Changes in the frequency of occurrence of atmospheric circulation patterns under a changing climate system has important implications for regional climate variability. While many studies have focused on understanding the trends in the atmospheric pattern amplitudes and probabilities of occurrence, little attention has been given to how the linkages between climate variables and the large-scale patterns have been changing. Here we first document the strengthening relationship between an important North Pacific teleconnection - the East Pacific/North Pacific (EP/NP) pattern - and United States (US) temperature variability since the 1950s. The EP/NP pattern is linked to tropical convection, and consistently the coherence between US temperature anomalies and tropical convection anomalies has also been increasing during the same time period. This upward trend in convection-temperature alignment is most notable during autumn and winter and is absent during the summer. The relationship strengths and trends further suggest that the EP/NP pattern should be incorporated into monthly and seasonal outlooks that are of broad importance to agriculture, industry, and fisheries.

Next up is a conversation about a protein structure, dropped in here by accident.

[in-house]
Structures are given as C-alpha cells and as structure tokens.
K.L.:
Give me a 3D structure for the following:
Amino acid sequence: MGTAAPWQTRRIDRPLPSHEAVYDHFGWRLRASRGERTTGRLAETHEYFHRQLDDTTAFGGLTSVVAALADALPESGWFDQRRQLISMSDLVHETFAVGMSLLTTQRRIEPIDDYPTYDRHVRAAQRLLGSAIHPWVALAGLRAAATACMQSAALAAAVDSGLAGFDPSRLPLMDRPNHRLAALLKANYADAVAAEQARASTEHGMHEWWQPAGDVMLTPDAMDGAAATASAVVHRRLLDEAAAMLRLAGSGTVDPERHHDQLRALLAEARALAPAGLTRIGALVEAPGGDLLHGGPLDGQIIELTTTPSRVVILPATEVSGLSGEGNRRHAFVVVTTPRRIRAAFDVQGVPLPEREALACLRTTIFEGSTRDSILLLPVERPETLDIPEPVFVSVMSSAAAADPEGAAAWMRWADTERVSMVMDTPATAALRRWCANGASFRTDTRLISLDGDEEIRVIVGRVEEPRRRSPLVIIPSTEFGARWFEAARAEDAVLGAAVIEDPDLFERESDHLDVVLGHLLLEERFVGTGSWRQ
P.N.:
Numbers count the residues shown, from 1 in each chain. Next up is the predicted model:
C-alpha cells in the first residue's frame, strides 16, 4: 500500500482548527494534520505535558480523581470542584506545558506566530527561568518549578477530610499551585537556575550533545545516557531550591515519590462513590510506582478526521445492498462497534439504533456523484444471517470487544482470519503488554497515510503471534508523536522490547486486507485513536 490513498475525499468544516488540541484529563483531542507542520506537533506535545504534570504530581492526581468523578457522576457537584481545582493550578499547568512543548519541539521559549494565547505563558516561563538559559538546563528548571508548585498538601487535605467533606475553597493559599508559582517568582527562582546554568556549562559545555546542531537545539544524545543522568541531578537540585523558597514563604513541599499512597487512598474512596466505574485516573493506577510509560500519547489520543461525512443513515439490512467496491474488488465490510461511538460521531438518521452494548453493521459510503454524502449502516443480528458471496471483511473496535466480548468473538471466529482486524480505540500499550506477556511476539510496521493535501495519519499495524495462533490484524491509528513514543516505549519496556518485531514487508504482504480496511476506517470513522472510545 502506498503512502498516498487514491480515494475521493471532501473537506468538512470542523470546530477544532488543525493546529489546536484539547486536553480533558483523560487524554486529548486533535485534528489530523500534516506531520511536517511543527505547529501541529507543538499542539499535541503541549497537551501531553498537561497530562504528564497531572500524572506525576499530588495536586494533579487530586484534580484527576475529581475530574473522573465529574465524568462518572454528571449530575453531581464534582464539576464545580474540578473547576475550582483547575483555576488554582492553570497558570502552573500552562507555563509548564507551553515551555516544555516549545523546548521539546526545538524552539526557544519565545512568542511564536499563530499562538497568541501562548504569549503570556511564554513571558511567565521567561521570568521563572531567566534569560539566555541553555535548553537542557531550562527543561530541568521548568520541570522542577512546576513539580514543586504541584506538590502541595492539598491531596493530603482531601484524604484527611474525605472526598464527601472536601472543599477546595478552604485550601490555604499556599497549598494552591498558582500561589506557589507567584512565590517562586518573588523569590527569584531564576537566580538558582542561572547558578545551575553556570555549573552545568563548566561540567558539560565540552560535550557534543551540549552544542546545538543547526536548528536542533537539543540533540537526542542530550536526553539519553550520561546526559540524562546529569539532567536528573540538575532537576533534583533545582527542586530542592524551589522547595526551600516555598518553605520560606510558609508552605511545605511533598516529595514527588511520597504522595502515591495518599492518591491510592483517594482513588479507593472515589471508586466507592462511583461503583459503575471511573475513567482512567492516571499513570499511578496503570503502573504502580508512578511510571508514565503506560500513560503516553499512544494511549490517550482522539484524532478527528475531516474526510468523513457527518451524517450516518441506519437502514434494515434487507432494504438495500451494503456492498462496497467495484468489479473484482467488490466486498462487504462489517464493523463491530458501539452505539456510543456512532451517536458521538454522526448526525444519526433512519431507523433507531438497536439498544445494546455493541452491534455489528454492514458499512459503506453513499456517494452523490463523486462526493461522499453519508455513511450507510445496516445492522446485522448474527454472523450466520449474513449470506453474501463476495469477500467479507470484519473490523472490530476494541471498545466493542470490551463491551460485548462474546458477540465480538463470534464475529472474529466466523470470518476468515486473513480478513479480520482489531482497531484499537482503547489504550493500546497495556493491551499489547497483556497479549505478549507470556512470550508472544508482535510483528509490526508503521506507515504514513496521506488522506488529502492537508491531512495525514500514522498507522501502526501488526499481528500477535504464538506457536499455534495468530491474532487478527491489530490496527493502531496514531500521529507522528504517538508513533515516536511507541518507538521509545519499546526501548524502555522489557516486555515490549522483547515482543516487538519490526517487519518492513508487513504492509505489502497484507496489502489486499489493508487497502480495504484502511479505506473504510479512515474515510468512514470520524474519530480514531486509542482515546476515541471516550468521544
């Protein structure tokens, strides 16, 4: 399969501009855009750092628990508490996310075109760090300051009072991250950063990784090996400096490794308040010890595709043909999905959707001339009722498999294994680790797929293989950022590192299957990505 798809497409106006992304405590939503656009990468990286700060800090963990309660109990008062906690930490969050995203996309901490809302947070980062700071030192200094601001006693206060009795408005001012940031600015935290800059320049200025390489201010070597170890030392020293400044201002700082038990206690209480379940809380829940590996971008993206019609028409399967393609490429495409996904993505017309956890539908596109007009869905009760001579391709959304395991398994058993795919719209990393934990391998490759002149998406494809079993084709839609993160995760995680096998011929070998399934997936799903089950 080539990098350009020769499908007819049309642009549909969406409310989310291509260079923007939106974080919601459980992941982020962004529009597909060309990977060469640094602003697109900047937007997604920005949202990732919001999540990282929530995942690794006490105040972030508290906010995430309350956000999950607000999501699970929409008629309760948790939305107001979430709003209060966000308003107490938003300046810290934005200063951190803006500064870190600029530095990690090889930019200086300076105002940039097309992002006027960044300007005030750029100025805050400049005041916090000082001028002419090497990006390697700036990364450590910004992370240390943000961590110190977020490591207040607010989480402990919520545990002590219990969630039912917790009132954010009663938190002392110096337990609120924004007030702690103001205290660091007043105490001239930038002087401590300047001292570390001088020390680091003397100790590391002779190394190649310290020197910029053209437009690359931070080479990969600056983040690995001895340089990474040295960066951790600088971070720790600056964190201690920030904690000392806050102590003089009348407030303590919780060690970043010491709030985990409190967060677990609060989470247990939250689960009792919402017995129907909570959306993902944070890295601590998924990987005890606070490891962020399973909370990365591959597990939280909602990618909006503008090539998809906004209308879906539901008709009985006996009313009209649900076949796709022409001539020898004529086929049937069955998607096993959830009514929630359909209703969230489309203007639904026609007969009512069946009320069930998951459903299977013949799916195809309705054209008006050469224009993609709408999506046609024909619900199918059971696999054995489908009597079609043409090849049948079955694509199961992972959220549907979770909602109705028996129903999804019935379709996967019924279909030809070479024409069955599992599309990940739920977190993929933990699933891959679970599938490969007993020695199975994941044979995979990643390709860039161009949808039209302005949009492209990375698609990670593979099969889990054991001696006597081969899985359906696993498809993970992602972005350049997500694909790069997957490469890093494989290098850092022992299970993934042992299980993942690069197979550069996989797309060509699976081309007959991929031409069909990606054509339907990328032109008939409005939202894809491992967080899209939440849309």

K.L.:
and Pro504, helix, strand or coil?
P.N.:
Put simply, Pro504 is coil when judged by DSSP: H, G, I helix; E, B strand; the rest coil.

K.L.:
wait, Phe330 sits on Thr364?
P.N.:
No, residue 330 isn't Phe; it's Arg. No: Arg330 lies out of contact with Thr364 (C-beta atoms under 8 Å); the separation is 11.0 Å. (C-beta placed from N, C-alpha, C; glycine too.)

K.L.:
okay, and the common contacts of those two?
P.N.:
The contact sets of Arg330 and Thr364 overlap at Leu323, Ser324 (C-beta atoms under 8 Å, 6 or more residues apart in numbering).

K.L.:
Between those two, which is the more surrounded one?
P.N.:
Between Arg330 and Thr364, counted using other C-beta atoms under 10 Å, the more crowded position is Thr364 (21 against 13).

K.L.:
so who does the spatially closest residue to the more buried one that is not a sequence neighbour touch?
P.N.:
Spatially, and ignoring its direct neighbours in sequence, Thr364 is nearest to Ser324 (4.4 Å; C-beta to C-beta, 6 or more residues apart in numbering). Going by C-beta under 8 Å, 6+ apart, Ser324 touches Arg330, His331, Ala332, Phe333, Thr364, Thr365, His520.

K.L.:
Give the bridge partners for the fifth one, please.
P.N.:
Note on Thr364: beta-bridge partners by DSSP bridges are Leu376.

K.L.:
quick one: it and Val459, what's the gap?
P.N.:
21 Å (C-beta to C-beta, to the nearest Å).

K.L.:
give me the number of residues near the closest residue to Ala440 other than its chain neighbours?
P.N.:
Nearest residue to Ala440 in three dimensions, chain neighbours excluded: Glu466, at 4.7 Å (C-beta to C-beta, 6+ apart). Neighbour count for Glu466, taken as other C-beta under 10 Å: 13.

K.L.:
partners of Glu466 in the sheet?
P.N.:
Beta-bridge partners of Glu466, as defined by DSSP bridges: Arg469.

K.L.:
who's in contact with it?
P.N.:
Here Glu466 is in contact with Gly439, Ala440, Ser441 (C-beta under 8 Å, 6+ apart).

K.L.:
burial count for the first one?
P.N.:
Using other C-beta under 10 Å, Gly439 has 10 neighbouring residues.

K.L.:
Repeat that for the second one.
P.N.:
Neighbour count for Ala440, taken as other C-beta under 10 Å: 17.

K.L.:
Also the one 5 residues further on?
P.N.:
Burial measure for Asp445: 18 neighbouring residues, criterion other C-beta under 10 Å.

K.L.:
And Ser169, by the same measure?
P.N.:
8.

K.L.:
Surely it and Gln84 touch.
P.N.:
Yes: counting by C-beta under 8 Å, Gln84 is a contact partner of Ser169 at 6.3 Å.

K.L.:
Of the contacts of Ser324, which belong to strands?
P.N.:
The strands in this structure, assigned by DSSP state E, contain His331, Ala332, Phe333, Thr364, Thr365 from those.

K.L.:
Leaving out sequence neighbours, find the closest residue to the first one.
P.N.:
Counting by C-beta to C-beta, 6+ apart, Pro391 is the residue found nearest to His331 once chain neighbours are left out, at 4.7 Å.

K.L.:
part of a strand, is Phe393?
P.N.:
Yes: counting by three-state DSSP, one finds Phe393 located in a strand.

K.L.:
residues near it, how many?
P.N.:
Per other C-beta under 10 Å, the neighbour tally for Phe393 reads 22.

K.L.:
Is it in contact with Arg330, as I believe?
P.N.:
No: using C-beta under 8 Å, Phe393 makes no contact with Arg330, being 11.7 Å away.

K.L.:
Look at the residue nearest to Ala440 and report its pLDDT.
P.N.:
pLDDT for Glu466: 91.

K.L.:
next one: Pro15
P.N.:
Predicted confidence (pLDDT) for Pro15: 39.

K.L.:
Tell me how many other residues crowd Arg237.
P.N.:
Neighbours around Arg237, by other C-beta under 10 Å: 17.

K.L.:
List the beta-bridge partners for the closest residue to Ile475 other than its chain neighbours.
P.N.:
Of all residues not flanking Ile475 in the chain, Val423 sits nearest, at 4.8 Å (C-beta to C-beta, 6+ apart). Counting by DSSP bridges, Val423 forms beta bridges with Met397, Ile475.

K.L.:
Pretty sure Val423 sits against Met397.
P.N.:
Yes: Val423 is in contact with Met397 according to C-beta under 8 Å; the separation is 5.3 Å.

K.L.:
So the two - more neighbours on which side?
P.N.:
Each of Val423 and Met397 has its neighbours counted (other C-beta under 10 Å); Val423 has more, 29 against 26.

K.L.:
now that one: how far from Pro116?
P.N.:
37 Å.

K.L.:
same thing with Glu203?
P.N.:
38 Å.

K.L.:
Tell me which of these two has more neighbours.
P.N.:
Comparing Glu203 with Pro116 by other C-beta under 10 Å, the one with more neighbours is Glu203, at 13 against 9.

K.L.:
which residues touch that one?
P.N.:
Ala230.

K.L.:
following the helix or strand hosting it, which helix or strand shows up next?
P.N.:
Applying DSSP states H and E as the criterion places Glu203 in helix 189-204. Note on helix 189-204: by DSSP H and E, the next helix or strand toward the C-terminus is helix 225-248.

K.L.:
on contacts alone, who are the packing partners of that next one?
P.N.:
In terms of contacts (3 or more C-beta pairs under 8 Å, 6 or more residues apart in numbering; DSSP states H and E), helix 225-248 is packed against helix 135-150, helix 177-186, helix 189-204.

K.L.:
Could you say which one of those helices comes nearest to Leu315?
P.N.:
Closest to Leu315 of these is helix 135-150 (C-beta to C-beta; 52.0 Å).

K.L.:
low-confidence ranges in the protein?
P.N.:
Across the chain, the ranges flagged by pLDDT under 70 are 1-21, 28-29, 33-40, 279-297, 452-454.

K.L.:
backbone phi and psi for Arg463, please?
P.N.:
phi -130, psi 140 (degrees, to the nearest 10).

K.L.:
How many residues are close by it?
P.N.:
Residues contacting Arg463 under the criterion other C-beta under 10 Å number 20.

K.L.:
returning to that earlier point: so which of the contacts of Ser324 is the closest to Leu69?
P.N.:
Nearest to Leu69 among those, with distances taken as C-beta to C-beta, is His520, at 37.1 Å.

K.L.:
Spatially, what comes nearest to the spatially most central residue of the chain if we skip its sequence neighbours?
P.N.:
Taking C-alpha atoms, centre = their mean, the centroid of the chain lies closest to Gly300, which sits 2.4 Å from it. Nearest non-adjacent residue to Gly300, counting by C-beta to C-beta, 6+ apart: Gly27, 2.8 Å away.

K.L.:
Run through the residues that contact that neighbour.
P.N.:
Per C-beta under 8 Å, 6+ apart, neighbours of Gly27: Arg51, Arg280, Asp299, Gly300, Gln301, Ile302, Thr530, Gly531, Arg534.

|Original language||English (US)|
|State||Published - 2017|
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